McIntyre’s sci-fi illustrations are very cute and inviting. She only uses a few colors; orange, black, brown and gray and it works surprisingly well. This book is a mix between a picture book and a chapter book because there’s an illustration on just about every page. If you have a child who is a little trepidatious about jumping into larger chapter books, this is a great bridge for them because it isn’t too long and it has lots of pictures! It’s also one of my recommended read-aloud books for families.

Recommended for: 2nd Graders and up, Children ready for longer chapter books
Great for: Friendship, Sci-fi, Action/Adventure, Girl Power, Read-Aloud, Diversity
Book Info: Cakes in Space by Philip Reeve/Illustrated by Sarah McIntyre, 2014 Random House, ISBN: 9780385387927

A Handful of Stars

Image Credit: Scholastic Press, Cynthia Lord

Image Credit: Scholastic Press, Cynthia Lord

Sweet Summery Goodness is the best way to describe this novel. Cynthia Lord creates a story of friendship set in the backdrop of a blueberry field. It’s a quick read and like the star of a blueberry, this novel is star.

Lily lives with her grandparents and helps them out in their general store. Her dog Lucky is going blind but she desperately tries to save money to get his eyesight back. Her personality is a little uptight and she is doggedly (ha!) focused on her goals. One day, Lucky romps through a blueberry field and almost runs into the busy road but Salma, a young migrant worker, lures him back to safety with her sandwich. The friendship between these two young girls begins with Lucky and he binds them together.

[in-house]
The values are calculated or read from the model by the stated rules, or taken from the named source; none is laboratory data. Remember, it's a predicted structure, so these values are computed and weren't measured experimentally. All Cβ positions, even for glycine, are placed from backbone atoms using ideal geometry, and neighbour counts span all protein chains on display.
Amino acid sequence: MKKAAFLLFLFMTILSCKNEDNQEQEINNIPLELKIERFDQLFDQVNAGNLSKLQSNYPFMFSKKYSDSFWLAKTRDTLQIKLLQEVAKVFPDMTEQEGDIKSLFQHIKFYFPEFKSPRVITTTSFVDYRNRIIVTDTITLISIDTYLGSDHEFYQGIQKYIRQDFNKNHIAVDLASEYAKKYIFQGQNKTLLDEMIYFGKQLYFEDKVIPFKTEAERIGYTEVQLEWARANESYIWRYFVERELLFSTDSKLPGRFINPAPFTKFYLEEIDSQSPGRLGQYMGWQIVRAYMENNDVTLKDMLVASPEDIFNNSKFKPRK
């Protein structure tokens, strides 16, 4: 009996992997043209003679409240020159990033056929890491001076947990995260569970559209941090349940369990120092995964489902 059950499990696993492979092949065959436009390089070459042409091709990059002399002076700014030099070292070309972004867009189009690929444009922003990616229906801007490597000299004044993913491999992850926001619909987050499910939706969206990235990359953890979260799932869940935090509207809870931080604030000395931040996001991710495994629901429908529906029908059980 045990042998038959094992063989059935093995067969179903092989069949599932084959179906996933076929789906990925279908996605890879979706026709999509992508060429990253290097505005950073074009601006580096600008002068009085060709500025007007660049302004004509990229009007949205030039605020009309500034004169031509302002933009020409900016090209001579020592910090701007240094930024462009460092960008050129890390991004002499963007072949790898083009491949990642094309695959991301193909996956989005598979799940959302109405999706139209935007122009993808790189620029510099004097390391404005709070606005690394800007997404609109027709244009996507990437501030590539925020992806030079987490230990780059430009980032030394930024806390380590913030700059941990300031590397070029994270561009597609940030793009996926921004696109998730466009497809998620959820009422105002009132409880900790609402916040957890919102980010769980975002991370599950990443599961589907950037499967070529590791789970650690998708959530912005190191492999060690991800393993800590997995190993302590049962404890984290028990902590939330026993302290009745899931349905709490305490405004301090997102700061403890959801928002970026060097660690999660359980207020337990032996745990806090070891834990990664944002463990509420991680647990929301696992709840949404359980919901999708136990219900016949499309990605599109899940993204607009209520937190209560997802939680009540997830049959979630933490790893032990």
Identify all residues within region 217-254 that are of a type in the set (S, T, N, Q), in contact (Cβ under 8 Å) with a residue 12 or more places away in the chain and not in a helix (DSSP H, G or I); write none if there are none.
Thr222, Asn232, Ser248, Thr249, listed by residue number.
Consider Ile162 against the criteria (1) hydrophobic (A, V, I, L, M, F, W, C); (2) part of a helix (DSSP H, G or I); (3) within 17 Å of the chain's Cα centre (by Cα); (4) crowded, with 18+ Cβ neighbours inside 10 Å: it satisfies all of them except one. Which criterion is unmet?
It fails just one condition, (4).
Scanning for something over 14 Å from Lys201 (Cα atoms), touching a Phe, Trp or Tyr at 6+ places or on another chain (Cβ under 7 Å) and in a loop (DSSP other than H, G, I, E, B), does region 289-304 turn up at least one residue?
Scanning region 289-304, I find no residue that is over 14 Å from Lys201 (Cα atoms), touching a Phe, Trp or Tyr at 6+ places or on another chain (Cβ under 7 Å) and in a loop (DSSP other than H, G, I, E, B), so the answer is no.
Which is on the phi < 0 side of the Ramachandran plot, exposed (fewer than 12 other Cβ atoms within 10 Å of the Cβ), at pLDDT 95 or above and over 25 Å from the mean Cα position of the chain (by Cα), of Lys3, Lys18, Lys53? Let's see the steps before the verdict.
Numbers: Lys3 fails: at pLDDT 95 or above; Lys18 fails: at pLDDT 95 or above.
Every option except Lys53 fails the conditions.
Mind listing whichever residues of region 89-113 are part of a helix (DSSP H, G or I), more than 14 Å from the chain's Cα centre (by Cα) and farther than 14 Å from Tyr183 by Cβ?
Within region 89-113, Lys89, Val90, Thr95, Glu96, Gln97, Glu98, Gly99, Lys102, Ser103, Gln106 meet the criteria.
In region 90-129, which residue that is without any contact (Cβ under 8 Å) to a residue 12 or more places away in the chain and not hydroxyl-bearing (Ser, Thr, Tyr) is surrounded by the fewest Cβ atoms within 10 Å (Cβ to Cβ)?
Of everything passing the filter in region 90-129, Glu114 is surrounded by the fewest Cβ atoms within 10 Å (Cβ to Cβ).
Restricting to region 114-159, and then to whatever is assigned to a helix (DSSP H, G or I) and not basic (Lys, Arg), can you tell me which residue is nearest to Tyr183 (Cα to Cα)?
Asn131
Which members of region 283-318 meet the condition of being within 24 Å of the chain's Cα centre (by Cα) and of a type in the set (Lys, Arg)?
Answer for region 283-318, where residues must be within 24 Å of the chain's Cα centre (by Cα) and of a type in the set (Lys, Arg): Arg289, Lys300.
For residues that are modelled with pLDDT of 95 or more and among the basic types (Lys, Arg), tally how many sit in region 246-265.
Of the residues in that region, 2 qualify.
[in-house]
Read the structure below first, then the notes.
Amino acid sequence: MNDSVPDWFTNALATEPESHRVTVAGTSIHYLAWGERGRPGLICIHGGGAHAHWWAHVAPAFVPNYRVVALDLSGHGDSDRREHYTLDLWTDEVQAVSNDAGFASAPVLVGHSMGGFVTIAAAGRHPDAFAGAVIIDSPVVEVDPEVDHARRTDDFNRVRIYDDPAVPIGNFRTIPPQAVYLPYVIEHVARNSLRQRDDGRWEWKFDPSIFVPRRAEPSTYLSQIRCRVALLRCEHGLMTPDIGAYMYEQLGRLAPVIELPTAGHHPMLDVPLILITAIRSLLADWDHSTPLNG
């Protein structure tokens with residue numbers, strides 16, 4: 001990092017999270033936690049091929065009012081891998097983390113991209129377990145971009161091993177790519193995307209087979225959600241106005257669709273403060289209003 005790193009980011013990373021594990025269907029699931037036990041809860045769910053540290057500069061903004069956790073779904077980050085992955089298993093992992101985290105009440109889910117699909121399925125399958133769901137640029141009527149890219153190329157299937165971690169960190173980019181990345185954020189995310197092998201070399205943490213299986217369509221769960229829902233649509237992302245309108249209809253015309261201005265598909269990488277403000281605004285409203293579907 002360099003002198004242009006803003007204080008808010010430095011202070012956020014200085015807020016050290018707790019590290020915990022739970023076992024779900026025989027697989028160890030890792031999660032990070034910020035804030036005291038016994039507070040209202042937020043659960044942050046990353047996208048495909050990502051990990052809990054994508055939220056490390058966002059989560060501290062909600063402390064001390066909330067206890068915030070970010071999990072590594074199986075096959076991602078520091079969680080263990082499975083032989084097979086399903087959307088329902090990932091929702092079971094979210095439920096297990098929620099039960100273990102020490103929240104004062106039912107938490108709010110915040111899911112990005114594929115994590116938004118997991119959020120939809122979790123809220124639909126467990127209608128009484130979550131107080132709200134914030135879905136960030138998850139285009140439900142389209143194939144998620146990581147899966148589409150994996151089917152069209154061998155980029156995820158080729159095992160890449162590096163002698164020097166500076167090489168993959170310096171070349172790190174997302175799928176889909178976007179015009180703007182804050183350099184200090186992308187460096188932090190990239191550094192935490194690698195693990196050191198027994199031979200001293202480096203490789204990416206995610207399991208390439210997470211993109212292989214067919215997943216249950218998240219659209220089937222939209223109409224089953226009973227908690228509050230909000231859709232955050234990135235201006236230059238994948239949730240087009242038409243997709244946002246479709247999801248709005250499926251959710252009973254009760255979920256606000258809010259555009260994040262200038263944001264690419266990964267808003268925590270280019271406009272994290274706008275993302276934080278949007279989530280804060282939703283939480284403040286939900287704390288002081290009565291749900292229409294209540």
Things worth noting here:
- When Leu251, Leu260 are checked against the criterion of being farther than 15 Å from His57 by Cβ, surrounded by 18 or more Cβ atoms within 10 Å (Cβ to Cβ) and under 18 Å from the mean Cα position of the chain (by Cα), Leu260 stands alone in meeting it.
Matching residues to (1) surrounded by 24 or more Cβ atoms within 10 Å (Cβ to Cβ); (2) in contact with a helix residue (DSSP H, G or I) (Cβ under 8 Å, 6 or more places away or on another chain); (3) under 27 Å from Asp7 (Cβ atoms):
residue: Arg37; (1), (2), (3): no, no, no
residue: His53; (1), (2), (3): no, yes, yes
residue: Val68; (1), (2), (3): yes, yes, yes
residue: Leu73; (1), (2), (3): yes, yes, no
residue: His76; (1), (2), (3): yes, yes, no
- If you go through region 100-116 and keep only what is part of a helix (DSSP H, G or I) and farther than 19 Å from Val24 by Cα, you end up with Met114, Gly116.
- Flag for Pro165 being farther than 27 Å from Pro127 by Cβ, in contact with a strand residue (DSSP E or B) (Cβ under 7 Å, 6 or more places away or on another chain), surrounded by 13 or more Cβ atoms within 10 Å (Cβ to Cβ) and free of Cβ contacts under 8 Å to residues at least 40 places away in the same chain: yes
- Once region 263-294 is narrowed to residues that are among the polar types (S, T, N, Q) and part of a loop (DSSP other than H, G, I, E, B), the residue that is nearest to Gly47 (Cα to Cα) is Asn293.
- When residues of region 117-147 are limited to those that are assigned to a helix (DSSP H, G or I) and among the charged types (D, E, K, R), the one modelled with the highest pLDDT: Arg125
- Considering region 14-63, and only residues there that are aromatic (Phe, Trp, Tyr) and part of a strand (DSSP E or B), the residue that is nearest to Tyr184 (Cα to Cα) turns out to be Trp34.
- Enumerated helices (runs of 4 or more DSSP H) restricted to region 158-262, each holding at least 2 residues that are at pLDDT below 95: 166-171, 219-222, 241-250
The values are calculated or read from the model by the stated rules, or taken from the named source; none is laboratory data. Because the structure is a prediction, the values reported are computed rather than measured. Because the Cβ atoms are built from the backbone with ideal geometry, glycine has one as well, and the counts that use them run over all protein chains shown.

I enjoyed this book so much because in addition to encouraging readers to step outside of their comfort zones/be more open-minded, it also discusses Mexican migrant workers and the troubles that families have settling into new places. Salma desperately wants to feel like she belongs, to establish roots and to have real friends. Lily learns how to view the world more vibrantly though her friendship with Salma. Their worlds combine and they are both better for having found each other.

Recommended for: Ages 11 and up
Great for: Friendship, Community, Diversity, Tween Life, Social Issues
Book Info: A Handful of Stars by Cynthia Lord, 2015 Scholastic Press, ISBN: 9780545700276

Roller Girl